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How to Care for a Caladium Plant in the Winter

By Sarah Terry ; Updated September 21, 2017
Caladium's showy foliage
caladium image by Allyson Ricketts from Fotolia.com

Caladiums are tropical plants that are grown for their brightly colored foliage. Caladiums are commonly grown in containers or outdoors as bedding plants and mass plantings in shady spots. Typically growing 1 to 3 feet tall, caladiums have mixtures of white, green, pink and red leaves, with contrasting leaf veins and edges. The foliage colors vary among the different species and cultivated varieties. Caladiums are frost-tender plants, so they require special care in order to survive the winter months in regions where temperatures drop down to or below freezing.

Dig up the caladium tubers in fall, before the leaves have lost all their color and before the first frost.

Spread out the caladium tubers onto a tray or paper towels, and allow them to air-dry for one week. Keep air temperatures warm and no colder than 40 degrees F.

Cut the dried foliage from the caladium tubers. Brush off the dried soil gently from the tubers, and clean them with a dry cloth.

Place the caladium tubers in a cardboard box, and pack them in dry perlite, vermiculite or peat moss. Pack the tubers so that they aren’t touching each other.

Store the caladium tubers in a cool, dry place where the tubers are out of sunlight. Keep temperatures above 50 degrees.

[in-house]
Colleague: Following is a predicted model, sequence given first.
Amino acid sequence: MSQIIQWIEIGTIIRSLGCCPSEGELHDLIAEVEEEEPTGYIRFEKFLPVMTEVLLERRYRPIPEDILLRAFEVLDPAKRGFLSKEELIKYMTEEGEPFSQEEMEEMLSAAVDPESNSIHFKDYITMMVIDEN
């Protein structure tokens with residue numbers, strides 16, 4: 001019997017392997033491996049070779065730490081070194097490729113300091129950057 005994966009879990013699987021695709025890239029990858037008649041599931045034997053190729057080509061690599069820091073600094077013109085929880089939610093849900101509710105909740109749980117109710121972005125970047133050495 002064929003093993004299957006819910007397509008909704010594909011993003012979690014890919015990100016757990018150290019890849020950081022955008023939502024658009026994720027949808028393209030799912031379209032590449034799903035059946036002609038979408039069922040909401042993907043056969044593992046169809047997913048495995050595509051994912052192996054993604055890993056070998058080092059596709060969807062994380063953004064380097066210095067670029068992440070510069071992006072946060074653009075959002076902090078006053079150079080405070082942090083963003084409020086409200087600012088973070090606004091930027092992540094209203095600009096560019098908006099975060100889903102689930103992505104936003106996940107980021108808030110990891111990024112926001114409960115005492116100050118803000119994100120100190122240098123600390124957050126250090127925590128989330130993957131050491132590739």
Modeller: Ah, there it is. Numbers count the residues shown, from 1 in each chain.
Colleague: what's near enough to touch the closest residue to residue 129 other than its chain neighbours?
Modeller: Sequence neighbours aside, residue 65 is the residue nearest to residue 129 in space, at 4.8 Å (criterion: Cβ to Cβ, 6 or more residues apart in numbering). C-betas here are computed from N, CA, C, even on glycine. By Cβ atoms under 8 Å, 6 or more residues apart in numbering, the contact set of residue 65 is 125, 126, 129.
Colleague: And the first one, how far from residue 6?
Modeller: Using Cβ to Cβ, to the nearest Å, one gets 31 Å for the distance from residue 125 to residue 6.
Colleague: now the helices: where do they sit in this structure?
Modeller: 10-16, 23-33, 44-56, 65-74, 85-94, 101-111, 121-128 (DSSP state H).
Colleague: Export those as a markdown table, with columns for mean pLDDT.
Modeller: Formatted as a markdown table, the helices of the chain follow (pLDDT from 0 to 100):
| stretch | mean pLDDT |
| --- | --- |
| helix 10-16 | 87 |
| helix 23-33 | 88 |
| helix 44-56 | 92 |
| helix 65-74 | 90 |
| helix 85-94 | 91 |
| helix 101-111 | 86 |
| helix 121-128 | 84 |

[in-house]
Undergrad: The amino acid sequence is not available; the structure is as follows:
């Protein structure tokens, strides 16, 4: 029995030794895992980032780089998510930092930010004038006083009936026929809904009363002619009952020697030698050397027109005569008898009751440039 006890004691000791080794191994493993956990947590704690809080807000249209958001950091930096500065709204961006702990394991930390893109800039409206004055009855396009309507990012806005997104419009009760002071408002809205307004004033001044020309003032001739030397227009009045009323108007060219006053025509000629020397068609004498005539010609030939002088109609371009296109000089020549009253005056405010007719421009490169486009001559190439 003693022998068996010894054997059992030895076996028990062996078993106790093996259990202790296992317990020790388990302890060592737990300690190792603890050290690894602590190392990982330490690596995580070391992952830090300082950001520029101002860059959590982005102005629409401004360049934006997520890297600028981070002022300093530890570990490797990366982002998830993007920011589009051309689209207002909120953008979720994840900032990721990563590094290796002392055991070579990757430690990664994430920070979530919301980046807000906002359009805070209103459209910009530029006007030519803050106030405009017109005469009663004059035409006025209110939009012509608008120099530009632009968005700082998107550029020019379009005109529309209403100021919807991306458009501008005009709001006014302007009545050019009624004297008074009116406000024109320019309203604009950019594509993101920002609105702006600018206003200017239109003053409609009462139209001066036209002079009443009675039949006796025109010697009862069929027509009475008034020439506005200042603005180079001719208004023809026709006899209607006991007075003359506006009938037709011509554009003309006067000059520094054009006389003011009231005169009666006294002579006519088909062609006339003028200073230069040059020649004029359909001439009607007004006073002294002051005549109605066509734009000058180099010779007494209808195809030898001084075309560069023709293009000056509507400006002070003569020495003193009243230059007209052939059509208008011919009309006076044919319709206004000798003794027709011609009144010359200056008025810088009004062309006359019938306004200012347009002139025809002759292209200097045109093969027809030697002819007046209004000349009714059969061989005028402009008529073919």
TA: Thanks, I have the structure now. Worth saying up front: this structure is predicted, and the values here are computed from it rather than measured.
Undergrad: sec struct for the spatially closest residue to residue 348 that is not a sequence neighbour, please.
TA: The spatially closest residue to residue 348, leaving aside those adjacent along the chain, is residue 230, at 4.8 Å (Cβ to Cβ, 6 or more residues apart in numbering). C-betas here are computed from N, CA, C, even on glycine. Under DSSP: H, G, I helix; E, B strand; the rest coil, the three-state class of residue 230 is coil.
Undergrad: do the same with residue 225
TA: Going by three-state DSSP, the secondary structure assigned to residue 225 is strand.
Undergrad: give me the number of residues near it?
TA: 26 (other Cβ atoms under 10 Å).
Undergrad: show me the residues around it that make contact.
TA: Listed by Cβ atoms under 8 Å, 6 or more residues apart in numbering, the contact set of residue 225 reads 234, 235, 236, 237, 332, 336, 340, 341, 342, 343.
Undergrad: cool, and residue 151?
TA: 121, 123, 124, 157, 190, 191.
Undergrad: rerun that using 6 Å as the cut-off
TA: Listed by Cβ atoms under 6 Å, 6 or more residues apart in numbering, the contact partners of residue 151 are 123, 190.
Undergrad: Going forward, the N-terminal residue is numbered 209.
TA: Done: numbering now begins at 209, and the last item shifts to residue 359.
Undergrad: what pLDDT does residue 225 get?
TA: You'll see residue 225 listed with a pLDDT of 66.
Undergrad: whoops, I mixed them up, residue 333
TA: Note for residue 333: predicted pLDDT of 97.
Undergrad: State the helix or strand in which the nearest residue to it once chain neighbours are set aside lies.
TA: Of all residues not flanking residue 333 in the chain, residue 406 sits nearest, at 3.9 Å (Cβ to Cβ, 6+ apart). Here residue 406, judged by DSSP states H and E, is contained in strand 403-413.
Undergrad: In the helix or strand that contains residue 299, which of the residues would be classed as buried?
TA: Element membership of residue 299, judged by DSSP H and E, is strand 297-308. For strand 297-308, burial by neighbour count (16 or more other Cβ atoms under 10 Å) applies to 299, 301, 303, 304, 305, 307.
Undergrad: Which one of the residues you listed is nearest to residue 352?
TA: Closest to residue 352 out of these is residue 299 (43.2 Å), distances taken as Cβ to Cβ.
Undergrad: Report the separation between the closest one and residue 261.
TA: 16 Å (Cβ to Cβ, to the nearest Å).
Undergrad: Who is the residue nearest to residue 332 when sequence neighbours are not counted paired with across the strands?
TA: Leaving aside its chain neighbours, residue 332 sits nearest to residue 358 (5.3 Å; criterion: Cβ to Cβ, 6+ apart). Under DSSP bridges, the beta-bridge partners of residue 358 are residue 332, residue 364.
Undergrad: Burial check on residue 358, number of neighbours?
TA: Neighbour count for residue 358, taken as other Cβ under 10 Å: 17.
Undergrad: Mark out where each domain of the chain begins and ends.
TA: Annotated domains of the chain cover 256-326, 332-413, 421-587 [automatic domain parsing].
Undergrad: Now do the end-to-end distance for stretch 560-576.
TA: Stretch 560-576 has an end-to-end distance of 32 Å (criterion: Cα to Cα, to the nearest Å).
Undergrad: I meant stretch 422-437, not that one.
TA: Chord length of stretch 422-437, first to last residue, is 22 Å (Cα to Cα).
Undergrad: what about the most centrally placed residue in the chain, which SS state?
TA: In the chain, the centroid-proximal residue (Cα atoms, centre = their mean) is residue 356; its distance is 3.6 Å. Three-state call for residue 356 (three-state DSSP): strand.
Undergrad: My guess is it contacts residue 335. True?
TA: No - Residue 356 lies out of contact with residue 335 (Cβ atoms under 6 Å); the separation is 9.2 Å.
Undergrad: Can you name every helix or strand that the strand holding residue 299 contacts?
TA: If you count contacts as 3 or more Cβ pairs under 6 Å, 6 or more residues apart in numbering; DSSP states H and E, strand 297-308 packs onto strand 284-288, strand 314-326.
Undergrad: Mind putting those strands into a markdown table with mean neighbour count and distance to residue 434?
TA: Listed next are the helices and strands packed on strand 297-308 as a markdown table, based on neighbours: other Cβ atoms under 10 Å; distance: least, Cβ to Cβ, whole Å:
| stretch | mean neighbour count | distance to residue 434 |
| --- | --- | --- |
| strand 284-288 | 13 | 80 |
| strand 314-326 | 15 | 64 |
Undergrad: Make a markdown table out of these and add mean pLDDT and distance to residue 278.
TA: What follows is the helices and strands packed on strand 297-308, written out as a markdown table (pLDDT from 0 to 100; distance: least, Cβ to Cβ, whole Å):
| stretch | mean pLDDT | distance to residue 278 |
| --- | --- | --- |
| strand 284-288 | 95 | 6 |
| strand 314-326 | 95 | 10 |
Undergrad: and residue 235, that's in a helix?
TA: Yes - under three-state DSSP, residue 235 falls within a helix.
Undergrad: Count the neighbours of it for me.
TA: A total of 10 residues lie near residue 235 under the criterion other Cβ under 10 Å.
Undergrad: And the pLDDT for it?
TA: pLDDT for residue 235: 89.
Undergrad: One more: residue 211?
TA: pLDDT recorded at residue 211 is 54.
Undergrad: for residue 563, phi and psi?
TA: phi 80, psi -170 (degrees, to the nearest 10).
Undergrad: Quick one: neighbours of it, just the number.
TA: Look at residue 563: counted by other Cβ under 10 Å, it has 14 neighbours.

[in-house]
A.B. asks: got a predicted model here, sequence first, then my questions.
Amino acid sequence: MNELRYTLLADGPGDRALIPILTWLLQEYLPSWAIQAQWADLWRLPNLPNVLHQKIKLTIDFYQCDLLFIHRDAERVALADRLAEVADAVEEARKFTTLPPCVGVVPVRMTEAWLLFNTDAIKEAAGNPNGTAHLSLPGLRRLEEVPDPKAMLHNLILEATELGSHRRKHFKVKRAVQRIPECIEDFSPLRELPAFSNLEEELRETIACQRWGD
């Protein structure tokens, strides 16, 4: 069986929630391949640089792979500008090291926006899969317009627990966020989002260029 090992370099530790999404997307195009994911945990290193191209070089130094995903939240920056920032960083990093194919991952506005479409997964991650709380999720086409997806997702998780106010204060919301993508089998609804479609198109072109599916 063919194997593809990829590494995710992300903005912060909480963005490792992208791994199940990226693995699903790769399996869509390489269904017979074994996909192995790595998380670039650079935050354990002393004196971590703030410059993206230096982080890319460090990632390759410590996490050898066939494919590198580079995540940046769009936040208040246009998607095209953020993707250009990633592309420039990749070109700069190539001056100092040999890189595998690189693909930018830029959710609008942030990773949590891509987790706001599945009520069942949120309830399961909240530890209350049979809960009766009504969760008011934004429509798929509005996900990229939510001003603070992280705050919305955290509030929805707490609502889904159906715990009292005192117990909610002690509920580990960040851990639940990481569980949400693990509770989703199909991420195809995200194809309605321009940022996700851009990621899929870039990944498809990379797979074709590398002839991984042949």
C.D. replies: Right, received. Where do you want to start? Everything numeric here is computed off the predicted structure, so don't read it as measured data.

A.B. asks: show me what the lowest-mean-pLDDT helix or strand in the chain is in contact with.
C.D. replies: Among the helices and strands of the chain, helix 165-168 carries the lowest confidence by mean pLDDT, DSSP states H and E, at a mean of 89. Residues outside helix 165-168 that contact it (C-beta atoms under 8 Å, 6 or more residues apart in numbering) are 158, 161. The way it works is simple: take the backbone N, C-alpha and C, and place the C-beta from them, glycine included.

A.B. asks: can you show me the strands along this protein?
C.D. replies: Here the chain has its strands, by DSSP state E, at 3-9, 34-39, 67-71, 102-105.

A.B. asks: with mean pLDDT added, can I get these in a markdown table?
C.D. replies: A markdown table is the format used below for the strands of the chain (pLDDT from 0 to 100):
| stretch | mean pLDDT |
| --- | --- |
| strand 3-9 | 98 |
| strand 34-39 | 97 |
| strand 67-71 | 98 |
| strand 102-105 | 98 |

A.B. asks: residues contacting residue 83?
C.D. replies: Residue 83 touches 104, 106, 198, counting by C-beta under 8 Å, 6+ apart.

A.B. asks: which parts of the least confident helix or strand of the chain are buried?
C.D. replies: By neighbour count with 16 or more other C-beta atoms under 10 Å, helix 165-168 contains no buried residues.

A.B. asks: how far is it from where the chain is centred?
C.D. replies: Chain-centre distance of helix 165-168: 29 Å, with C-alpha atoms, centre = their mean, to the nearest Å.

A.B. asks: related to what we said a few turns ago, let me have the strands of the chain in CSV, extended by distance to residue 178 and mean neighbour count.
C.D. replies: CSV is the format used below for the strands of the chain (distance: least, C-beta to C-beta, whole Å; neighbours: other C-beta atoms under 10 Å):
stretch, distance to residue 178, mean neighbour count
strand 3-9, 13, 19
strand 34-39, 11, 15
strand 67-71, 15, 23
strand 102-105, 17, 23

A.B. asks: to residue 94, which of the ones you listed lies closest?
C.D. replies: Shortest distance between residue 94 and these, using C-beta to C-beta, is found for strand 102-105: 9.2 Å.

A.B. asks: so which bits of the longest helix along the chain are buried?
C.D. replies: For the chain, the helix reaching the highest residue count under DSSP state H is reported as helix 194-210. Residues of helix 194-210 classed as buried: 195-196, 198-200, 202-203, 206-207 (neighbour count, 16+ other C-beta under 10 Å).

Things You Will Need

  • Shovel or garden trowel
  • Tray or paper towels
  • Scissors or pruning shears
  • Cardboard box
  • Perlite, vermiculite or peat moss
  • All-purpose fungicide (optional)


  • To prevent mold or rotting of the stored caladium tubers, you can dust them with an all-purpose fungicide, such as orthocide, when you pack them.
  • You can replant the caladium tubers outdoors in spring, after all danger of frost has passed and the soil temperature is around 70 degrees. Plant the caladiums in dappled to moderate shade, where the soil is moist but well-draining.


  • Beware that stored caladium tubers don't usually produce the same foliage quality the second year. White-leaved caladiums tend to keep their foliage color year to year better than other types of caladiums.

About the Author


Sarah Terry brings over 10 years of experience writing novels, business-to-business newsletters and a plethora of how-to articles. Terry has written articles and publications for a wide range of markets and subject matters, including Medicine & Health, Eli Financial, Dartnell Publications and Eli Journals.